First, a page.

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   Vol. 18 No. 32
Friday May 3, 2019

Neel Shah Of Flexport

Hot on the heels of Flexport’s latest funding infusion, FlyingTypers spoke to Neel Jones Shah, the forwarder’s SVP and Global Head of Air Freight.

Ryan Petersen      U.S.-based Flexport is not lacking ambition. Formed in 2013 and offering a full suite of air and ocean forwarding services, it has been open about its determination to disrupt forwarding and logistic markets by using its powerful technology platform to deliver “deep visibility and control, predictable supply chain costs, and more reliable transit times”.
     Last month it announced a $1bn injection of funds, led by the venture capital (VC) arm of Japanese investment conglomerate Softbank. CEO Ryan Petersen (right) said the war chest would be used to build out Flexport’s physical infrastructure of global warehouses and offices, including building warehousing/cross-docking facilities at major gateways.
     Neel Jones Shah told FlyingTypers that for the company’s air freight forwarding network this would result in major service and infrastructure upgrades in the coming months. “We will be using our recently raised funding to do three primary things: invest in our platform/technology, build/acquire infrastructure to support our customers and hire expertise,” he told Flying Typers.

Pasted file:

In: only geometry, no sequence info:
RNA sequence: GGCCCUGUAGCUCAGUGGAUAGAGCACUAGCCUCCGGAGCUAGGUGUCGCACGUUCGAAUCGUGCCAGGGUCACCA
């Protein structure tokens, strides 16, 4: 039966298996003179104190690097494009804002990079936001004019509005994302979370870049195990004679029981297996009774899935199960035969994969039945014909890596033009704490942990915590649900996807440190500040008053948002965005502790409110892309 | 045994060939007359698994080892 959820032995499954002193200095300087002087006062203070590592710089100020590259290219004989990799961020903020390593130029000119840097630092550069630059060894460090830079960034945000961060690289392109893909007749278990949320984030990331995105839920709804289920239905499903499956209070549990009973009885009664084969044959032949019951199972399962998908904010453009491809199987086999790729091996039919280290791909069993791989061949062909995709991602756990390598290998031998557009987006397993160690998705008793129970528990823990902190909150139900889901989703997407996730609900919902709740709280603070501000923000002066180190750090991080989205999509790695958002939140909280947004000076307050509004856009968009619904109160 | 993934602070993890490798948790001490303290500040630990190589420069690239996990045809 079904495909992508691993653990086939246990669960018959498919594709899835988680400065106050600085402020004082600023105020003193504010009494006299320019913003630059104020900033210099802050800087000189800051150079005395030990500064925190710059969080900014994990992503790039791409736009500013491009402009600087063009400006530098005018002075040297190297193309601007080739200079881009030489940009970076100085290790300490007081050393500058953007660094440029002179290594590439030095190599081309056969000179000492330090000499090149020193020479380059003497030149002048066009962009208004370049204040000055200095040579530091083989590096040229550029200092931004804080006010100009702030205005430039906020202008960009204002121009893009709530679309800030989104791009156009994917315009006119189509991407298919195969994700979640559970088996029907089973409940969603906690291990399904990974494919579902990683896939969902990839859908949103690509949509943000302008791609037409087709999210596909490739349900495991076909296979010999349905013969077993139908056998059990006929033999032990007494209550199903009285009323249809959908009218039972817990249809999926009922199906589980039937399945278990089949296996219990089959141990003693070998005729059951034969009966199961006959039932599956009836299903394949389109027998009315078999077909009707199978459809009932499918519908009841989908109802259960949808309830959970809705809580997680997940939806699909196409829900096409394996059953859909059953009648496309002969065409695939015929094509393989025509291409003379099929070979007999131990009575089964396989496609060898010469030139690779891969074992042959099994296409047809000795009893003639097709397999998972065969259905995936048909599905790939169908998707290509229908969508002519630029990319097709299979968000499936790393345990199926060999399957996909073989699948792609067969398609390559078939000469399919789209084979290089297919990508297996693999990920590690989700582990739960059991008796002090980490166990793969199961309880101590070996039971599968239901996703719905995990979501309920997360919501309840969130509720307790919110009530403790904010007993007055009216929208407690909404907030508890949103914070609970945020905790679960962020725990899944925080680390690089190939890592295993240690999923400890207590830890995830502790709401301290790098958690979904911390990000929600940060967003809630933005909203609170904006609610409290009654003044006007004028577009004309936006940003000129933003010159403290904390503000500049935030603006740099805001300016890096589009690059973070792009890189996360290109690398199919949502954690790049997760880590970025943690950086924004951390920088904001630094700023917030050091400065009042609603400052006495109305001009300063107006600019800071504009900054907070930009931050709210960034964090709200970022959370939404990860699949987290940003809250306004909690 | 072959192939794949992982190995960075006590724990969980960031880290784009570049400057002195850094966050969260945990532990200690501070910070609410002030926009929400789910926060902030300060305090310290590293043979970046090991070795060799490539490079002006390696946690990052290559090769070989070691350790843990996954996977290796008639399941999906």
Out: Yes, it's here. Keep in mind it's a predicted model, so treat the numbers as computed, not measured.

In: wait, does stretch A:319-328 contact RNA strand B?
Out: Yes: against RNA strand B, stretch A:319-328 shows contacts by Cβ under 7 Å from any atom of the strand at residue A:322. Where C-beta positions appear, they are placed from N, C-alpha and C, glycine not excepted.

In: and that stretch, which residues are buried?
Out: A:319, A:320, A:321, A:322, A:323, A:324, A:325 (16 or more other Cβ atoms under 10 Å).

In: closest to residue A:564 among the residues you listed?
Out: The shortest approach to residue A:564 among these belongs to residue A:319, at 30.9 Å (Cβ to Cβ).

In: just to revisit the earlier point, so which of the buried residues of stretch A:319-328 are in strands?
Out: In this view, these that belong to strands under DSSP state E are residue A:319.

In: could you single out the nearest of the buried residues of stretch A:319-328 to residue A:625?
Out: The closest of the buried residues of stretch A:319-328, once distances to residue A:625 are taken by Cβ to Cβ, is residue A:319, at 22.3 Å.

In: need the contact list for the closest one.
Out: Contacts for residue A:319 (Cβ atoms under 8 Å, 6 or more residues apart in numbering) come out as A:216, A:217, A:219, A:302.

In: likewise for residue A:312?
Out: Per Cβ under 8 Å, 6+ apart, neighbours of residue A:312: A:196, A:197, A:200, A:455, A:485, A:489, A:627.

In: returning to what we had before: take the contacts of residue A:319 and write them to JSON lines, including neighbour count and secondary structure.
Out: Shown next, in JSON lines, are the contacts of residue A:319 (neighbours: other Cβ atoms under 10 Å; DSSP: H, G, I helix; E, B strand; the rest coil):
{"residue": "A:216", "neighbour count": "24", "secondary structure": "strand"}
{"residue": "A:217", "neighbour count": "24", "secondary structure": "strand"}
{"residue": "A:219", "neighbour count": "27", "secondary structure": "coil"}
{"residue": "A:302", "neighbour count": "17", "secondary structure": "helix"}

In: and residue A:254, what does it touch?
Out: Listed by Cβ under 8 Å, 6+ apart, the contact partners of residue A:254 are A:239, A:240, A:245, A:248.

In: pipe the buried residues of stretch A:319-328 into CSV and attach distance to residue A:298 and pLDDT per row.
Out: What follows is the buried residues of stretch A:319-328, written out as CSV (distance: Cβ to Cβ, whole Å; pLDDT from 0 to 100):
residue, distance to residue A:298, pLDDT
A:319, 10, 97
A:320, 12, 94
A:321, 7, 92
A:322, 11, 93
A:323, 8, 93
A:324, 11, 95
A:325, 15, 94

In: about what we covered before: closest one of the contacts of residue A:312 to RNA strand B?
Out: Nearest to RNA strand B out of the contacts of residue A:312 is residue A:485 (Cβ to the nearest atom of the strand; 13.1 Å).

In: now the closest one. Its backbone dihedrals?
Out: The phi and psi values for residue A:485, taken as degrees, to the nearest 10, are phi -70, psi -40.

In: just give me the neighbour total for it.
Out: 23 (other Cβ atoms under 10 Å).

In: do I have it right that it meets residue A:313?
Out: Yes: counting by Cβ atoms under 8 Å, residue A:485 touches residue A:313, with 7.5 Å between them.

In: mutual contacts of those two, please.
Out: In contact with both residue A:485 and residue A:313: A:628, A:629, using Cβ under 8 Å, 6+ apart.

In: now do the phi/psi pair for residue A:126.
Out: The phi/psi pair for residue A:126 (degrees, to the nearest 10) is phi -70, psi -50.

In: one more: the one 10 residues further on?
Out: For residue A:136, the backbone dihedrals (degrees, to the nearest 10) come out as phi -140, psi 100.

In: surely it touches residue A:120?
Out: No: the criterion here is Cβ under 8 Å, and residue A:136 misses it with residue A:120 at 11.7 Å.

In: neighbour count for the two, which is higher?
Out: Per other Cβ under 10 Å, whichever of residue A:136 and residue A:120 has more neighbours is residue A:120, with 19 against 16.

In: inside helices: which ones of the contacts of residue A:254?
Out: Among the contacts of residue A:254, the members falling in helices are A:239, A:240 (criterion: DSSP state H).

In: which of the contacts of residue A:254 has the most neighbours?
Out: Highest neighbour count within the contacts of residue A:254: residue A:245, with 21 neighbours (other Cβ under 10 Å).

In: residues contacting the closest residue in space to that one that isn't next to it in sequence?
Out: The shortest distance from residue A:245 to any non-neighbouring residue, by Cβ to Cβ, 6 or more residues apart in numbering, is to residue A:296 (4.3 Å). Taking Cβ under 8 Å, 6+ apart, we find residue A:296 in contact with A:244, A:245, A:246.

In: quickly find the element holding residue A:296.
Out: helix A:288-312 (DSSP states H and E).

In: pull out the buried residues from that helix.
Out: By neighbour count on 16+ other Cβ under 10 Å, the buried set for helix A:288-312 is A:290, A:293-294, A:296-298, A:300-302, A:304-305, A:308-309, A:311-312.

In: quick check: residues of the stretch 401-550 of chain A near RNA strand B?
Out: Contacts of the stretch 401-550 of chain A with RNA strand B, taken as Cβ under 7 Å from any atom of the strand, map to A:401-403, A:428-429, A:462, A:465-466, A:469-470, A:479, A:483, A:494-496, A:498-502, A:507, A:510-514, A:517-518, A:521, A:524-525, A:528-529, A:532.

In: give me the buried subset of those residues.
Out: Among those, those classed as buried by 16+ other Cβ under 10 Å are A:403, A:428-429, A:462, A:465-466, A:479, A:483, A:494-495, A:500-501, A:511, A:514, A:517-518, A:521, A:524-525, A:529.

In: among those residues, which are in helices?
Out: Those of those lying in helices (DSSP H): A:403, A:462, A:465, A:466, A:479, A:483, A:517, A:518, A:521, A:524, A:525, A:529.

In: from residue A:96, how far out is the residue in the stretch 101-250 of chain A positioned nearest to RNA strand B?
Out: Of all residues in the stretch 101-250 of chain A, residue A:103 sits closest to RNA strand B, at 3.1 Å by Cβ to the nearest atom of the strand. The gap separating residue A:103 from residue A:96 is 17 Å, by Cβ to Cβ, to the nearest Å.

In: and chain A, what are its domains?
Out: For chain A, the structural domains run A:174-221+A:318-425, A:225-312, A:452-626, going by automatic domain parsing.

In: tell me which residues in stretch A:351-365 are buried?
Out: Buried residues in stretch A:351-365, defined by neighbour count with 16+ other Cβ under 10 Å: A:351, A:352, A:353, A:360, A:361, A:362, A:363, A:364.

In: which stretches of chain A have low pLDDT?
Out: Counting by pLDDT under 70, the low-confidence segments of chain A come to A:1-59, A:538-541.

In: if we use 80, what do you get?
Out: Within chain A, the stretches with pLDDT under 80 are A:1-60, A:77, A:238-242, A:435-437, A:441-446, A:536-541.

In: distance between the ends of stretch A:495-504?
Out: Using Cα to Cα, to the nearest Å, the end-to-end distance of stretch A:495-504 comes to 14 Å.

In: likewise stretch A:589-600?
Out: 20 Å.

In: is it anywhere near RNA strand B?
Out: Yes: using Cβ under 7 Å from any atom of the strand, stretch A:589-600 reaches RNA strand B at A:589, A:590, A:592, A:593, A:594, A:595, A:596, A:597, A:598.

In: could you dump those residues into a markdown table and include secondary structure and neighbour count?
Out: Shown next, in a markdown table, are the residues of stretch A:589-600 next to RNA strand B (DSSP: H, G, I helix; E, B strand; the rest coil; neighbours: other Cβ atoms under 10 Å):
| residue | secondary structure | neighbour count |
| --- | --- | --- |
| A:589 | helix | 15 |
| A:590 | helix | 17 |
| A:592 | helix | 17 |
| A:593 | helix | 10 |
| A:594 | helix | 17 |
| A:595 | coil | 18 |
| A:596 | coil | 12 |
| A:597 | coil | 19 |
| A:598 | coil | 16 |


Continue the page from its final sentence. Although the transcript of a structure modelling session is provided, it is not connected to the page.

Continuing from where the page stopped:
“On the specific question of infrastructure, we are continuing to build out our gateway strategy so we have true end to end control of our customer’s freight in the key trade lanes.
     “We are currently a few weeks away from opening our brand new state of the art gateway in ORD which will complement its sister gateway in LAX.
     “In addition, we will soon be moving into our new space in HKG at the AFFC which is double our old footprint and will incorporate the latest screening technology as we prepare for HK CAD requirement of 100% screening for all outbound flights including freighters.
     “Our gateways in ORD and LAX are bonded, CCSF facilities and will also be TAPA certified along with HKG in the near future.”
     Additional network enhancements are also under consideration. “Our teams are in the process of evaluating our next round of investments that will include additional gateways in the U.S. as well as key European hubs,” he said.
     Despite the threat of further trade policy disruption to the company’s key Transpacific lane due to the U.S.-China trade war, Shah was optimistic about the rest of 2019, He said that although the post-Chinese New Year period was “one of the slowest that I’ve ever experienced in my 17 years in the business” demand would gradually improve.
     “After the holiday was officially over, factories took much longer to get started and volumes just still haven’t even come close to what they were pre-CNY,” he said. “But we are anticipating that things will start to pick up by the end of March, so by the 3rd and 4th week of March and into early April – the traditional Q1, end of Q1 push.”
     And while there are clouds over China and Hong Kong both of which are seeing slower than expected export demand growth, elsewhere in Asia there are positive signs. South East Asia and Japan are “performing strongly”, for example, with the former benefitting from a shift of manufacturing from China due to U.S. tariffs on Chinese exports.